A Change In Posture
While emitting the vocal warning sounds, the hummer will also change its posture. This involves spreading and flaring its tail and wing feathers. This essentially makes the bird appear larger. Male birds will also flare their throat feathers to show off the bright colors.
In addition, the hummer will point its long, sharp bill towards the intruder to show that he means business.
The Territorial Chase
If the above methods don’t scare away the intruder, the territorial bird will start the chase in order to drive the intruder away. While chasing, the bird will also make a number of angry chirps and will continue this until the intruder is far enough away.
As a last endeavor to chase away an intruder, the hummingbird will use physical fighting. This display starts with both hummingbirds hovering in mid air facing each other. Both birds will also point both their beaks and talons towards each other.
Hummingbirds use both their beaks and talons as weapons to attack each other. In addition, they’ll ram their bodies into each other while still in full flight. This type of fighting is quite dangerous and can cause harm to the birds and even death in extreme cases.
How To Reduce The Risk Of Hummingbird Fighting In Your Yard
At times, it can be quite disheartening to see a dominant hummingbird chase all the other little hummers away from your feeder. After all, they’re just looking to share a feed.
If you do have a dominant hummer around your feeder, there are a few things that you can do to give the other birds coming to visit a chance to also have a quiet feed.
Increase The Number Of Feeders In Your Yard
If you only have one feeder in your yard, this guarantees that there is going to be fighting. However, if you have a number of feeders, there’s plenty to go around. Besides, it will be quite difficult for one dominant bird to defend all the feeders at once (find some of our favourite feeders here).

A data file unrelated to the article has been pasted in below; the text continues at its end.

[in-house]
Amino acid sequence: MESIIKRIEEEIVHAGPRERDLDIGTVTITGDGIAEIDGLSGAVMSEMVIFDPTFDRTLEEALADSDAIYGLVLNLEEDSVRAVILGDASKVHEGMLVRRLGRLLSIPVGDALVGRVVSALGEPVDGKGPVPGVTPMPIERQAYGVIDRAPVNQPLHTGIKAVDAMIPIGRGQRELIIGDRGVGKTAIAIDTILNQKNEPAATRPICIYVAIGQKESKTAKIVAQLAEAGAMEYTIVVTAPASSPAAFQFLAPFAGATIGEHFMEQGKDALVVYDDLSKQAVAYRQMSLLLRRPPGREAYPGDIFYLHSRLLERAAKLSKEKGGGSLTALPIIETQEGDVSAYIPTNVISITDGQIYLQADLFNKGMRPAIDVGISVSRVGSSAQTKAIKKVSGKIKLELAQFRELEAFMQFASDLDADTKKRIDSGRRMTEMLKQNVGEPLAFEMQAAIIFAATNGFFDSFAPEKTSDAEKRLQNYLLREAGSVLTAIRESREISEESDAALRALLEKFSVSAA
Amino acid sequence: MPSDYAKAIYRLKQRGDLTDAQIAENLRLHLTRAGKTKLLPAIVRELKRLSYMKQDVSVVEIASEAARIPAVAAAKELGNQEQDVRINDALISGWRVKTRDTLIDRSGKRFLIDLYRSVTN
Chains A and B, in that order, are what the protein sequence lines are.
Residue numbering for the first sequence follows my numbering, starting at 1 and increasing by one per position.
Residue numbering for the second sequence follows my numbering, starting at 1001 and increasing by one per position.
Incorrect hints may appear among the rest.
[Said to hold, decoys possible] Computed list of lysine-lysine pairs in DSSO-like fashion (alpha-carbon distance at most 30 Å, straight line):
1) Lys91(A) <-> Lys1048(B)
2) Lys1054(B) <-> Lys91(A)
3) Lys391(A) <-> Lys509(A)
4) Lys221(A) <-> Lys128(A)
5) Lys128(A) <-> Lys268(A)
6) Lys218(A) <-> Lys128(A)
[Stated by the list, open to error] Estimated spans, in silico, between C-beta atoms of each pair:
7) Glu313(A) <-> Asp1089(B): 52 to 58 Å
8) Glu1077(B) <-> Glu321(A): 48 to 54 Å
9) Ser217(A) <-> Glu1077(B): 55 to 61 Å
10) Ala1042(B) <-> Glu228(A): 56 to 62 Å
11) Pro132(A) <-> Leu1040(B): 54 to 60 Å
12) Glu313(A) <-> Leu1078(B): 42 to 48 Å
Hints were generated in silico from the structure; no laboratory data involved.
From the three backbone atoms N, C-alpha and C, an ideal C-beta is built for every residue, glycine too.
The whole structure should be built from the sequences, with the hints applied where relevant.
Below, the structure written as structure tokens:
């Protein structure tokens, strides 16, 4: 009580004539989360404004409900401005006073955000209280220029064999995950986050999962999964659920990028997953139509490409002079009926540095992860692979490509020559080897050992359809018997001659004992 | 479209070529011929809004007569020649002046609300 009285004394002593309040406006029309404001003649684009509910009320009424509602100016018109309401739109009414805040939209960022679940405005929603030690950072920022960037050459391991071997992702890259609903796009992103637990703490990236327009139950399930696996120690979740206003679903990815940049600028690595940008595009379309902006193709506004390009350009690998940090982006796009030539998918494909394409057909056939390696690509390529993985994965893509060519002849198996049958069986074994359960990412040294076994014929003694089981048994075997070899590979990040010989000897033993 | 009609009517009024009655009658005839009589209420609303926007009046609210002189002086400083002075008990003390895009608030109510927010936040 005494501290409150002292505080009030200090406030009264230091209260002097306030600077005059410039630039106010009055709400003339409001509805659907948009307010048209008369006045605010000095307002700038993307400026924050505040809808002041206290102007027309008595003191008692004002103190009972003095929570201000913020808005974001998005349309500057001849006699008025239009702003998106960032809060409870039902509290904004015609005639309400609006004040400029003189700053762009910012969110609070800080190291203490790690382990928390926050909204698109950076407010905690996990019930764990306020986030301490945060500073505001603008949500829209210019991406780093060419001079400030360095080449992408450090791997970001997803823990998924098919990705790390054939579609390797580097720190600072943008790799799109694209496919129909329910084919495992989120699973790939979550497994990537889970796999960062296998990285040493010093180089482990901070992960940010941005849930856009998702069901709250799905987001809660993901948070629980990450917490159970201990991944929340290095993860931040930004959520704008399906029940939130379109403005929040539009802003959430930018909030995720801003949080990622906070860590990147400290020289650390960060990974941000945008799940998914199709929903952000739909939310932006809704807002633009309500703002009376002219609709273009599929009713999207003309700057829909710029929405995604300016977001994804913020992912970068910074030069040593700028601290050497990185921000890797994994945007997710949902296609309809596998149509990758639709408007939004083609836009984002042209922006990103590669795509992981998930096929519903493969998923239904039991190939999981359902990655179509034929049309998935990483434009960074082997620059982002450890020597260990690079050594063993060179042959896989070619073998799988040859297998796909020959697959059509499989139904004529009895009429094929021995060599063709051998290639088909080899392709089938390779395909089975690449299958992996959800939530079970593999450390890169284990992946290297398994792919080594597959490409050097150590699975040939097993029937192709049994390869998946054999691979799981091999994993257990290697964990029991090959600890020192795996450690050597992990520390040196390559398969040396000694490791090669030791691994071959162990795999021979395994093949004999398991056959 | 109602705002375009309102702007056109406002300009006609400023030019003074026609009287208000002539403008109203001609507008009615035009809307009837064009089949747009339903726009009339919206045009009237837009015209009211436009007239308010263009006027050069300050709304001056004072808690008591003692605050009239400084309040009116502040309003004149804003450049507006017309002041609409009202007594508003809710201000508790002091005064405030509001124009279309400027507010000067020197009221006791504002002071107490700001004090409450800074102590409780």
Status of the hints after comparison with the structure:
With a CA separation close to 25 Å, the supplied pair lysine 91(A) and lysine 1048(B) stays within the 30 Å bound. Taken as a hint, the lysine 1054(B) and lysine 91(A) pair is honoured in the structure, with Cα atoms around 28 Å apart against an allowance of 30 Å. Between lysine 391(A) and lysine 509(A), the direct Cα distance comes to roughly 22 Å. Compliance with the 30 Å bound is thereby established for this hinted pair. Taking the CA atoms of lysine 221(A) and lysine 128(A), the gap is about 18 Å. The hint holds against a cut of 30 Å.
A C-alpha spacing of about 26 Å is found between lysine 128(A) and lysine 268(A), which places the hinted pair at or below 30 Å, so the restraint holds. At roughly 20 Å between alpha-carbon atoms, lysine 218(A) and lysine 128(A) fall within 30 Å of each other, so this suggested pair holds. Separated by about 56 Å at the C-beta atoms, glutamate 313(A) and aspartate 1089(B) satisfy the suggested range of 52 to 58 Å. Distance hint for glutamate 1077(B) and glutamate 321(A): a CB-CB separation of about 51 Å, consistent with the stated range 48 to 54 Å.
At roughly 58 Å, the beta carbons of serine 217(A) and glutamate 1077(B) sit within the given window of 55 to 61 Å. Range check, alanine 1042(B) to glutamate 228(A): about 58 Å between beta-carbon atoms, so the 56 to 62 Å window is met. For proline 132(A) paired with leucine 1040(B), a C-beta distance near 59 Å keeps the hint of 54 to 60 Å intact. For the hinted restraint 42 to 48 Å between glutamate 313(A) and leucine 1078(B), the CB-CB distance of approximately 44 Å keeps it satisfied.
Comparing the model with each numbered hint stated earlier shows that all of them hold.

Space Your Feeders Evenly Around The Yard
Even if you have a territorial bird in your yard, if you spread your feeders a good distance apart, it will be harder for the dominant bird to protect all of them from intruders. This essentially gives other visiting hummers a chance to get a feed while the dominant bird is off defending one of the other feeders.
Place Your Feeders Out Of Sight Of Each Other
A territorial bird can only protect the feeders that he can see. Therefore, if you place feeders both in the front and back yards, it’s unlikely that the bird will have the capacity to defend both of them at once. This gives other hummers the chance to also get a good feed.
Frequently Asked Questions
Why are hummingbirds so mean to each other?
In general, hummingbirds are quite aggressive around food sources. This is because, when there has been a shortage of food in the past, they’ve had to get what they could and would have defended their food supply with all their might in order to survive. Consequently, they have no understanding that the food supply in backyard feeders will never run out.
How do you know if hummingbirds are fighting?
Hummingbirds are quite aggressive when they are trying to protect their food supply. It’s quite obvious to know when they are fighting because they’ll try and strike each other with both their beaks and their feet. Plus, they’ll be quite noisy while they’re doing it.
Do hummingbirds come back to the same feeder every year?
It might surprise you to learn that hummingbirds do have excellent memories. They will return to the same feeder every year.
There are two primary reasons that hummingbirds will chase each other. One is protect their territory and food supply and the other is a more friendly chase during courtship.
With a little practice and observation, you should be able to distinguish between the more aggressive and loud territorial chase and the more playful courtship display.
If you do happen to have an aggressive hummingbird around your feeders that is constantly chasing all the other hummers away, there are certain things that you can do to ensure that all the visiting hummingbirds get a chance to have a feed in your garden. These include having multiple feeders and spacing them a fair distance apart out of sight of each other.
When you do this, you can sit back and enjoy watching all the little hummers happily partaking of the sweet nectar in your feeders.